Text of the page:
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The King of Torts [Anglais] [Poche]

John Grisham
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Extrait

THE SHOTS THAT FIRED the bullets that entered Pumpkin's head were heard by no less than eight people. Three instinctively closed their windows, checked their door locks, and withdrew to the safety, or at least the seclusion, of their small apartments. Two others, each with experience in such matters, ran from the vicinity as fast if not faster than the gunman himself. Another, the neighborhood recycling fanatic, was digging through some garbage in search of aluminum cans when he heard the sharp sounds of the daily skirmish, very nearby. He jumped behind a pile of cardboard boxes until the shelling stopped, then eased into the alley where he saw what was left of Pumpkin.

And two saw almost everything. They were sitting on plastic milk crates, at the corner of Georgia and Lamont in front of a liquor store, partially hidden by a parked car so that the gunman, who glanced around briefly before following Pumpkin into the alley, didn't see them. Both would tell the police that they saw the boy with the gun reach into his pocket and pull it out; they saw the gun for sure, a small black pistol. A second later they heard the shots, though they did not actually see Pumpkin take them in the head. Another second, and the boy with the gun darted from the alley and, for some reason, ran straight in their direction. He ran bent at the waist, like a scared dog, guilty as hell. He wore red-and-yellow basketball shoes that seemed five sizes too big and slapped the pavement as he made his getaway.

When he ran by them he was still holding the gun, probably a .38, and he flinched just for a instant when he saw them and realized they had seen too much. For one terrifying second, he seemed to raise the gun as if to eliminate the witnesses, both of whom managed to flip backward from their plastic milk crates and scramble off in a mad flurry of arms and legs. Then he was gone.

One of them opened the door to the liquor store and yelled for someone to call the police, there had been a shooting.

Thirty minutes later, the police received a call that a young man matching the description of the one who had wasted Pumpkin had been seen twice on Ninth Street carrying a gun in open view and acting stranger than most of the people on Ninth. He had tried to lure at least one person into an abandoned lot, but the intended victim had escaped and reported the incident.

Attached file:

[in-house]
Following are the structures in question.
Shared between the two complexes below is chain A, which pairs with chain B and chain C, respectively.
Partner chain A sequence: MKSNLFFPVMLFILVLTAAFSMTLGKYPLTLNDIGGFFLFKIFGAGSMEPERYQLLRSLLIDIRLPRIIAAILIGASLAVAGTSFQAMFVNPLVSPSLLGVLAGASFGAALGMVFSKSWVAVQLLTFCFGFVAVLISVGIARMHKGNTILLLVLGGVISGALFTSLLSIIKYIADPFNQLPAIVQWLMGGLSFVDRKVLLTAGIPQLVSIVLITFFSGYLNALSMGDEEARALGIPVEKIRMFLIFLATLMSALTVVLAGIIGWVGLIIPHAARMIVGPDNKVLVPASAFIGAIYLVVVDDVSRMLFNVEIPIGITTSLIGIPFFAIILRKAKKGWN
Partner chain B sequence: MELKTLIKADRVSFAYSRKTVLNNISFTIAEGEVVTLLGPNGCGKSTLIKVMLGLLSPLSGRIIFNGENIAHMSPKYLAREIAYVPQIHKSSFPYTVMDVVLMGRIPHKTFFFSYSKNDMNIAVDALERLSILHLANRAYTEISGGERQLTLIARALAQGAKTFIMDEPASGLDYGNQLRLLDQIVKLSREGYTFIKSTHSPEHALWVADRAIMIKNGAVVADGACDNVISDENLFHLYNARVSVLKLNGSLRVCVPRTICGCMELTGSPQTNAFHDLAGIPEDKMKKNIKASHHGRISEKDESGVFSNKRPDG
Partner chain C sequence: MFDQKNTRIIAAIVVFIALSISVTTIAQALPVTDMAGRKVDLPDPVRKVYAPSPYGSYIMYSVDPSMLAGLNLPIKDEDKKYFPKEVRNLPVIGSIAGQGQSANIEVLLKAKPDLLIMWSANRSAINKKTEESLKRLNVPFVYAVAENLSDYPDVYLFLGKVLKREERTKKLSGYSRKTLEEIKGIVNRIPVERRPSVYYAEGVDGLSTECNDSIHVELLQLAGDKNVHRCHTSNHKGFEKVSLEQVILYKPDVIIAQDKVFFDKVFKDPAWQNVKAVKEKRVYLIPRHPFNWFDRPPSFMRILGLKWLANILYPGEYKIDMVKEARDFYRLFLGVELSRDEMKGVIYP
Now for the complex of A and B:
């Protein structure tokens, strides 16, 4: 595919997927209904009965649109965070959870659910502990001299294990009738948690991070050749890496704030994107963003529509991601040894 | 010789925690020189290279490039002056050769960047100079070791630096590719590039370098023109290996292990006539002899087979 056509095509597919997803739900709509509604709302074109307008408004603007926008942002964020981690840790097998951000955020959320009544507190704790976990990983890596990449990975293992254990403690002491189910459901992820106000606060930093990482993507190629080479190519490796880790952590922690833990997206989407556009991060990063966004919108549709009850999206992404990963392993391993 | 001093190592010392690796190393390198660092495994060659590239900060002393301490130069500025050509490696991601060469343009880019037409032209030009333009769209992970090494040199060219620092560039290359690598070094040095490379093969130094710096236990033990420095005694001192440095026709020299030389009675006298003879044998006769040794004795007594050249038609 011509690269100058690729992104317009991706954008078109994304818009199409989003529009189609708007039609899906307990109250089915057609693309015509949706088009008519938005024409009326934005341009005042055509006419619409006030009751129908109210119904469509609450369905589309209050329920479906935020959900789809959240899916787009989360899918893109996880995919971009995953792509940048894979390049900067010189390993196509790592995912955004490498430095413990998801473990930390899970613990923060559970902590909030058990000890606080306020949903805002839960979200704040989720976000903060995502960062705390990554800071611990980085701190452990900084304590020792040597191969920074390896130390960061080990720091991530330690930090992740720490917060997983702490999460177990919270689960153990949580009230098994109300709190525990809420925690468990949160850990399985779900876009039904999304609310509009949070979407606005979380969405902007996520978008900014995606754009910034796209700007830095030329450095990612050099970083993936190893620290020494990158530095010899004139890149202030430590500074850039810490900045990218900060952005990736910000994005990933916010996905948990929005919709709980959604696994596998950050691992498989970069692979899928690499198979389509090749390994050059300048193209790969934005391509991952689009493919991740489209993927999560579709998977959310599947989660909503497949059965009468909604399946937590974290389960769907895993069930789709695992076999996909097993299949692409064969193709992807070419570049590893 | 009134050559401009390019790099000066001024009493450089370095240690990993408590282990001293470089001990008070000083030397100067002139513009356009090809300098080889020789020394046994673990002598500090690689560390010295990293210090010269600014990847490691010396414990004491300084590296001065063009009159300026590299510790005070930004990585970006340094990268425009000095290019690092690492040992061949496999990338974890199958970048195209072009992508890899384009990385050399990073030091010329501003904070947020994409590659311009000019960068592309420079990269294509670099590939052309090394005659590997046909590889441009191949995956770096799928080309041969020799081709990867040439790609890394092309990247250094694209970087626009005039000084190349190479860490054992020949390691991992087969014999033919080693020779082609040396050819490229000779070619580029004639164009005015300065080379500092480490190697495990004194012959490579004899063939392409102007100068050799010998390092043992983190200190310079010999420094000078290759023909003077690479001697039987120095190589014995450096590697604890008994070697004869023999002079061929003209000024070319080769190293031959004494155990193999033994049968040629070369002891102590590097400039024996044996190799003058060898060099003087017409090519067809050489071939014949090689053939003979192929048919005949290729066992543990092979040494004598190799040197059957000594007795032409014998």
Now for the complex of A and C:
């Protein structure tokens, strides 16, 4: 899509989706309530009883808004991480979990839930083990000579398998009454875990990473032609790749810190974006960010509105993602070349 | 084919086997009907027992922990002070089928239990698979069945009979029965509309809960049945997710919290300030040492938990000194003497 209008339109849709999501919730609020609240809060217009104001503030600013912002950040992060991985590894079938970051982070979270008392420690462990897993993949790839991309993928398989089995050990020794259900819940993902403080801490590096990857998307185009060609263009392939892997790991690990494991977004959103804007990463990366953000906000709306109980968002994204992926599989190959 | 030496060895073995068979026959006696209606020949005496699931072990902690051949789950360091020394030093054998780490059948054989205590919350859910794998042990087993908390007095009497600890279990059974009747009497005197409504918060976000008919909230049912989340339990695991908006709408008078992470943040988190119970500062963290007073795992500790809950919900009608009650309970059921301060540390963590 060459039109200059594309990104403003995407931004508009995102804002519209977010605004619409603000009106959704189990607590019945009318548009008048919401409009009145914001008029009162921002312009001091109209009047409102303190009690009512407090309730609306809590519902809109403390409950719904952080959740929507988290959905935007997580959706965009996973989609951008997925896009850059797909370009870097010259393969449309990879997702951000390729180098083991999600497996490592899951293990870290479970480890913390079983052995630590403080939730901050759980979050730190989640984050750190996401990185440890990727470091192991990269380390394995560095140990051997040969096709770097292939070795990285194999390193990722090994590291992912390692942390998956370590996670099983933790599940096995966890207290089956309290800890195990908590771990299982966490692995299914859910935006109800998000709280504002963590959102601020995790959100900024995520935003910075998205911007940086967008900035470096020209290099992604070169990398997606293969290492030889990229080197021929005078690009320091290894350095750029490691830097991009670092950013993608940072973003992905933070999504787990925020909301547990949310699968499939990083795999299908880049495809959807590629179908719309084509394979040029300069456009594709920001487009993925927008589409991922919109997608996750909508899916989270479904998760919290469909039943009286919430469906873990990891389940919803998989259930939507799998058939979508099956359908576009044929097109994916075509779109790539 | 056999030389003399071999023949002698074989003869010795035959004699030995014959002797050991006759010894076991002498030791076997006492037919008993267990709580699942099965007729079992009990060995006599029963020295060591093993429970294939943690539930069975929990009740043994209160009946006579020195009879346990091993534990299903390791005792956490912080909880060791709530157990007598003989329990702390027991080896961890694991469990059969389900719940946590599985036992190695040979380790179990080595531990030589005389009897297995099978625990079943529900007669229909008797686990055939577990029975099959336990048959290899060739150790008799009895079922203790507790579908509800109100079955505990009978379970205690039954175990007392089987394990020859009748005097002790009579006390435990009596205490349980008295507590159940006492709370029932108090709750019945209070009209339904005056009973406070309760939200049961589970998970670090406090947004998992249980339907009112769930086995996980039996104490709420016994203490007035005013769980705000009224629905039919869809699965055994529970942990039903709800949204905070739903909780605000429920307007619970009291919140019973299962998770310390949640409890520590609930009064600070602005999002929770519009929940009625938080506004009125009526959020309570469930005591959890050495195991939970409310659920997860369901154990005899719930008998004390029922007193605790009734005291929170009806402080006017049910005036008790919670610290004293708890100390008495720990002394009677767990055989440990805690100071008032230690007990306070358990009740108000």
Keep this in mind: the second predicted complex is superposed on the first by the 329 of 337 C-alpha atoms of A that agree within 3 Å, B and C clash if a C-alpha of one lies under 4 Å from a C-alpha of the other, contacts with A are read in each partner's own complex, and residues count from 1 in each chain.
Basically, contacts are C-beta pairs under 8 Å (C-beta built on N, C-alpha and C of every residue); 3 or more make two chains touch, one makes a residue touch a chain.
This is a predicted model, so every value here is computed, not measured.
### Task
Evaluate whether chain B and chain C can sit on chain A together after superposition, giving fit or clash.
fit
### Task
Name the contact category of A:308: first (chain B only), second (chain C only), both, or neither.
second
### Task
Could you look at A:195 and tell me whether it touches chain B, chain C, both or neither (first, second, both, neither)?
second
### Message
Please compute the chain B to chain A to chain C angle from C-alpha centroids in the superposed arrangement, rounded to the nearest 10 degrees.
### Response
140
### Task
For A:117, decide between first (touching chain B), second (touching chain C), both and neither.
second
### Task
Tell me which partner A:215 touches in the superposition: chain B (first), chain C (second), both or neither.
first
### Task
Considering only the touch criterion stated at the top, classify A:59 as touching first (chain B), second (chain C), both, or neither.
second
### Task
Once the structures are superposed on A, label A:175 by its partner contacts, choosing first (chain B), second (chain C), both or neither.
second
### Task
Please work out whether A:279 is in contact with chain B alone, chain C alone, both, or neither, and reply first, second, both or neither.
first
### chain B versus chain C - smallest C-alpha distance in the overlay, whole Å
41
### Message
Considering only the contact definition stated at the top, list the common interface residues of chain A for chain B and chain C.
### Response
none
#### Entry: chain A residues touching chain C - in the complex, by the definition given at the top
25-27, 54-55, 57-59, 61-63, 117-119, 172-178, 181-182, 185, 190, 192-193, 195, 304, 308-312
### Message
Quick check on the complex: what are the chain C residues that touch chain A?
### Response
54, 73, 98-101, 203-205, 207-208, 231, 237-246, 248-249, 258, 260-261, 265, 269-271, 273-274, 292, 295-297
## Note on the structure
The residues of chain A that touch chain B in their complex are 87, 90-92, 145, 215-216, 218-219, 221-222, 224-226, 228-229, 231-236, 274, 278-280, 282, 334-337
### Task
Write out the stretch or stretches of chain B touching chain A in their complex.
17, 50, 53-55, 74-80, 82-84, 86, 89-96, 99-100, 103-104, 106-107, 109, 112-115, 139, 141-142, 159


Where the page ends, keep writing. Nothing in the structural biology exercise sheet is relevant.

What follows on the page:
The police found their man an hour later. His name was Tequila Watson, black male, age twenty, with the usual drug-related police record. No family to speak of. No address. The last place he'd been sleeping was a rehab unit on W Street. He'd managed to ditch the gun somewhere, and if he'd robbed Pumpkin then he'd also thrown away the cash or drugs or whatever the booty was. His pockets were clean, as were his eyes. The cops were certain Tequila was not under the influence of anything when he was arrested. A quick and rough interrogation took place on the street, then he was handcuffed and shoved into the rear seat of a D.C. police car.

They drove him back to Lamont Street, where they arranged an impromptu encounter with the two witnesses. Tequila was led into the alley where he'd left Pumpkin. "Ever been here before?" a cop asked.

Tequila said nothing, just gawked at the puddle of fresh blood on the dirty concrete. The two witnesses were eased into the alley, then led quietly to a spot near Tequila.

"That's him," both said at the same time.

"He's wearing the same clothes, same basketball shoes, everything but the gun."

"That's him."

"No doubt about it."

Tequila was shoved into the car once again and taken to jail. He was booked for murder and locked away with no immediate chance of bail. Whether through experience or just fear, Tequila never said a word to the cops as they pried and cajoled and even threatened. Nothing incriminating, nothing helpful. No indication of why he would murder Pumpkin. No clue as to their history, if one existed at all. A veteran detective made a brief note in the file that the killing appeared a bit more random than was customary.

No phone call was requested. No mention of a lawyer or a bail bondsman. Tequila seemed dazed but content to sit in a crowded cell and stare at the floor.

PUMPKIN HAD NO TRACEABLE father but his mother worked as a security guard in the basement of a large office building on New York Avenue. It took three hours for the police to determine her son's real name--Ram-n Pumphrey--to locate his address, and to find a neighbor willing to tell them if he had a mother.